In a Covid-19-hit world, there is a whole new parallel socioeconomic ecosystem that is emerging, and in a way that is turning more than our health system on its head. We now have a mask for every occasion and dress type, a sanitiser to suit every mood, a Facebook challenge (covering saris and books and film scenes and other random subjects) for every type of bored mind, a Zoom meeting for every situation, a charity for every conceivable need, and a joke for every twist in the story that is playing out in our lives.
Basically there seems to be a solution for every roadblock that has the potential to hamper business, and a business opportunity in every roadblock. So there are solutions, and then there are solutions. Not every solution purported to be one is a solution though. We just have to learn to read in between the lines, in this case the press releases.
Not being able to get customers to the car showroom? Give them a three-dimensional, virtual reality-driven experience of the car, and voila, you got a sale there. Scared that the funding from the corporate’s CSR kitty will come to a grinding halt, since how are you going to be running your education training programme out there in the field—at least in the immediate future? One way can be to issue a series of press releases announcing your ‘remote learning’ initiative supporting 10,000 or more students and more than 500 teachers, engineered to deliver 5,000 hours of online learning. How? By getting 5o experts to do the job, silly. How again? Zoom of course. But do those children and teachers have smartphones or computers or laptops? Oh well.
Here at CauseBecause, in the first few weeks of the nationwide lockdown we received hundreds of emails announcing so-and-so’s massive donation exercise (relating to food kits, PPE kits, hygiene kits, education kits, the PM-Cares Fund, etc.) and outreach efforts (to spread the word on hygiene, precautionary measures, and suchlike). We decided that whoever had first said anything about there being ‘too much of a good thing’, did not know any better.
Yet, despite the very public outpouring of love, in cash and kind, the tidal wave of poverty, hunger and displacement hit many millions, and how. The images of the walking people – pictures of extreme stoicism, oftentimes not even betraying that most basic of sensations, hunger – will haunt for a very long time. And I believe we should hold on to those images, as a reminder of the things that need to be corrected before we next go out in the world tom-tomming our achievements in this field and that, which may be true even but let not that put a veil on the other truth that is abject poverty, widespread illiteracy and a grossly unequal social security apparatus.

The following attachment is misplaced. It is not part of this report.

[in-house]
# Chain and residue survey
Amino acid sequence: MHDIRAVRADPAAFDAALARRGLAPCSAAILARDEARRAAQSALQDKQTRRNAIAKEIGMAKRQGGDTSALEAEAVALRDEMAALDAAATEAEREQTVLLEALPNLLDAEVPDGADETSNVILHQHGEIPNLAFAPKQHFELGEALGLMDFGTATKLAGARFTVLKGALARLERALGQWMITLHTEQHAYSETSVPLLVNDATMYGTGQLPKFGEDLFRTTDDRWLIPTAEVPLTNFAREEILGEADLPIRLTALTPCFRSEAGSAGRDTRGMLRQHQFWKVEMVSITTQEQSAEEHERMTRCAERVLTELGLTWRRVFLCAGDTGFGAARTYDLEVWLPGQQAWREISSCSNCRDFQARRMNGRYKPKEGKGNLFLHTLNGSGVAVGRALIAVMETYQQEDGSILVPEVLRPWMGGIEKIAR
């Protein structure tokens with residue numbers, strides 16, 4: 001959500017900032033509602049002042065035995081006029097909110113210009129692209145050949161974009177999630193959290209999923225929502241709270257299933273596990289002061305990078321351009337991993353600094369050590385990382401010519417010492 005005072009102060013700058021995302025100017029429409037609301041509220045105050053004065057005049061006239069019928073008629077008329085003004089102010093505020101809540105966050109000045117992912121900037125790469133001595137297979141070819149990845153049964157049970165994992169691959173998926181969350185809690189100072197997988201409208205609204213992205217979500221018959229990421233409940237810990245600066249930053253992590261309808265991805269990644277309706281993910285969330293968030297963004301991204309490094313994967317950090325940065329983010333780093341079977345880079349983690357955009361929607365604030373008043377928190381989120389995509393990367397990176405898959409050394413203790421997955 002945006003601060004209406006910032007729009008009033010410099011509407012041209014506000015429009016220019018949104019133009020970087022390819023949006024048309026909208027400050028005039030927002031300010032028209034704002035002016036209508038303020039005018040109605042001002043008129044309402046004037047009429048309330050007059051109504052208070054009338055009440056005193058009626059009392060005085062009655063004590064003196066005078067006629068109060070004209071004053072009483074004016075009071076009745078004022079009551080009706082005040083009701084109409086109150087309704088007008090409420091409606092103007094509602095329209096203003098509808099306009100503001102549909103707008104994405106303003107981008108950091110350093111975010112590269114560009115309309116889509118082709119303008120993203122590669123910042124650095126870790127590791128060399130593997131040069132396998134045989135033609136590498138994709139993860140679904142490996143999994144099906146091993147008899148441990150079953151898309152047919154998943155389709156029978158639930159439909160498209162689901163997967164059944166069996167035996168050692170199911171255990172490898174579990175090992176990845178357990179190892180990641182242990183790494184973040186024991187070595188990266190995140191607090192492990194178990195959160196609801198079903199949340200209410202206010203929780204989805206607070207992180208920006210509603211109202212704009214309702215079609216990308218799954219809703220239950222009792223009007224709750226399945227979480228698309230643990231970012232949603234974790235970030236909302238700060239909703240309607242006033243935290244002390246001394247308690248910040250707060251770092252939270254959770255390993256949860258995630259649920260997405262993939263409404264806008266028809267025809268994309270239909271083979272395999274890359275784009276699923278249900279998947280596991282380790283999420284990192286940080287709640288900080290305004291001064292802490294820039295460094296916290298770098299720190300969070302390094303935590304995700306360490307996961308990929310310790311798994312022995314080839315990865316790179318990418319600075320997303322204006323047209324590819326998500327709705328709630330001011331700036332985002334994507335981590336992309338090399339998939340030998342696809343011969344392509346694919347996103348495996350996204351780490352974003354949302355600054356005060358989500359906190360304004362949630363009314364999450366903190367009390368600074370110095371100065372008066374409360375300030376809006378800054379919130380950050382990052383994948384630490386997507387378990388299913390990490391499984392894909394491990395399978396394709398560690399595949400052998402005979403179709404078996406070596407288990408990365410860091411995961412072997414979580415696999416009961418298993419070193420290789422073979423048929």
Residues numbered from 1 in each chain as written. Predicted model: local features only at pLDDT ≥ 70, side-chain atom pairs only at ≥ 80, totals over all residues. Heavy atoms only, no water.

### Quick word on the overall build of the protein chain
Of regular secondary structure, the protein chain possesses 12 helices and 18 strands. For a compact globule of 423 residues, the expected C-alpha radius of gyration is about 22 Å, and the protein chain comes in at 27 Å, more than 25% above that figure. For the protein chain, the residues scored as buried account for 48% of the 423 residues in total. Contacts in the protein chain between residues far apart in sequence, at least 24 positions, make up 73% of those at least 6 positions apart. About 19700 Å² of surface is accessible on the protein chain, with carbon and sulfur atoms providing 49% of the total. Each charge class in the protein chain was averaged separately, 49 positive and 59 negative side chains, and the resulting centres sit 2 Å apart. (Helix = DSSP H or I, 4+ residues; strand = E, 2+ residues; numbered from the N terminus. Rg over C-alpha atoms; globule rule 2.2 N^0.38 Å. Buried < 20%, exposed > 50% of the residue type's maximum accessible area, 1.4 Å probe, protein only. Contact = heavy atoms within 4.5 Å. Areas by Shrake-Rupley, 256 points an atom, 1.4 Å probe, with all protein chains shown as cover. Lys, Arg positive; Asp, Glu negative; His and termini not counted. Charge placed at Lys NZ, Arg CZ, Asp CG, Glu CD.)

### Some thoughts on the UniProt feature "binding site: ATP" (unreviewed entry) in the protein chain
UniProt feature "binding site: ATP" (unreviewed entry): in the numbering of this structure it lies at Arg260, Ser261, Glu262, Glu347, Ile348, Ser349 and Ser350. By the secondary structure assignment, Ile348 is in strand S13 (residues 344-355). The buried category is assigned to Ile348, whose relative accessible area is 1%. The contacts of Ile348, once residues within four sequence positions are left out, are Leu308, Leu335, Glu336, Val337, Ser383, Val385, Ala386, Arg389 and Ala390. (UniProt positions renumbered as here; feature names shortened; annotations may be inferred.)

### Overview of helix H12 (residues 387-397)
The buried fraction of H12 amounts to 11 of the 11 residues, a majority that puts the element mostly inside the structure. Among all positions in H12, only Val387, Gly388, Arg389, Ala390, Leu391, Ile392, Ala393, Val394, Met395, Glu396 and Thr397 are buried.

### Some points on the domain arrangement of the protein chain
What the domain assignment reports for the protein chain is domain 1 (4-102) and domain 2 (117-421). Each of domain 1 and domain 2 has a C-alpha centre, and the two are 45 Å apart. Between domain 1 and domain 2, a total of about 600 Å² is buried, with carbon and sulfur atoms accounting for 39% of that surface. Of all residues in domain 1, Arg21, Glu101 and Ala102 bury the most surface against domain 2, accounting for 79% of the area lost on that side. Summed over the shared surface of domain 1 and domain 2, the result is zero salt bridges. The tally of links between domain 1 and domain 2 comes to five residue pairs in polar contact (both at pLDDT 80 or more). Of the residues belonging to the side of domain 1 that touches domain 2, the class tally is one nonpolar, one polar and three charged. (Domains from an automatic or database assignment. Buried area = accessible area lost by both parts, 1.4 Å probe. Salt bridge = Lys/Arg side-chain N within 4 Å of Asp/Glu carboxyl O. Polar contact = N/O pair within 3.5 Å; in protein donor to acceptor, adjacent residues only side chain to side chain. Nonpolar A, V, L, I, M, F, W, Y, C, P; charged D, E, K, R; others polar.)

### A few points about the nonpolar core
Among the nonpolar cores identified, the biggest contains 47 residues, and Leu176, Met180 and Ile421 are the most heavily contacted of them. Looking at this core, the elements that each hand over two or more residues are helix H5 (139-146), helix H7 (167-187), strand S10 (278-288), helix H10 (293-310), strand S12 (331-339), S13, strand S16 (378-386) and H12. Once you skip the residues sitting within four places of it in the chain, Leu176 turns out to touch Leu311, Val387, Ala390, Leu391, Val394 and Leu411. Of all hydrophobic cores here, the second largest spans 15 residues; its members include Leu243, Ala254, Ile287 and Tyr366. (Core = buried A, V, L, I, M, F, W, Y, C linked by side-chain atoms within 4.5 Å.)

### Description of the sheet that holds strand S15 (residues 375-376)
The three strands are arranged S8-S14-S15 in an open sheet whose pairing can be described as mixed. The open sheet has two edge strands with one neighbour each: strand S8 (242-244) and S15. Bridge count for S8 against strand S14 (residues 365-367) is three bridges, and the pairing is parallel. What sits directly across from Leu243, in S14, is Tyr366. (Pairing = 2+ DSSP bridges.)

Talking of education, a global technology company announced its intention to deliver ‘a combination of educational, engaging and fun online and printed content which support remote teaching and learning.’ (The press release also mentioned 2D Augmented Reality content.) Sadly, against the backdrop of such ambitious (and hopefully well-intentioned) plans, they still did not have answers to our rather straightforward queries on how they planned to reach children from poor families, since currently these children had no means to access learning material, and whether they would be partnering with schools. I suppose the the questions were too simple for their liking.
Chocolate brands distributing chocolates for free (saying it’s their way of showing gratitude to our frontline workers) and then expecting media mileage from that leaves a bittersweet taste in the mouth, doesn’t it? Ditto for the footwear brand donating footwear to migrants, apparently to ease their journey back home. (They all do have advertising budgets to take care of branding needs). Why is any entity that is doing good for the sake of only doing good, as they themselves claim, even looking for publicity? Some may say such acts of charity help to differentiate the brand and establish it as a brand with a heart, so to speak. After all, brand strategists do tell us that millennials in particular want to see the caring side to the brands they patronise. Yet, making a killing with what is really a humanitarian tragedy seems to be anything but heart. Some may say the reason is to inspire others to follow suit. Don’t know. Nobody has said that until now, and hopefully I am not giving them ideas here. It may be that I am naive in thinking along these lines. It may be that altruism and commercialism cancel each other out.
But why just the corporates with their well-oiled PR machinery? Many NGOs are making what at times feel like tall claims too. After all, not many want to be left out of the race to make quick programmes, quick beneficiaries, and quick publicity (and therefore quick money too?). It’s an opportunity for them too, and all’s fair in helping and resource pooling, but let’s go easy on the media blitzkrieg, shall we? Why is there a need to flaunt one’s feeding of the ‘poor millions’? By all means feed them, but there is no real need to have that channeled to the media through an expensive public relations machinery. Instead, divert that money to the cause you claim to be serving.
For all the good work that is happening here and there, let’s be clear that all NGOs are not made equal. One gets the feeling that the one who shouts the most about their so-called good work is not necessarily doing that much good work – it may be that they have the funds, the access, and the means to get themselves heard.
Good work will get noticed. Period. Let’s not be quick in self-congratulating ourselves – the journey towards recovery is yet to begin and should be punctuated by insights and foresights. For now, let’s remember that the crisis is far from being over.
If the pandemic and the lockdown has taught us anything, it is the need to slow down. We all (should) know by now what that means.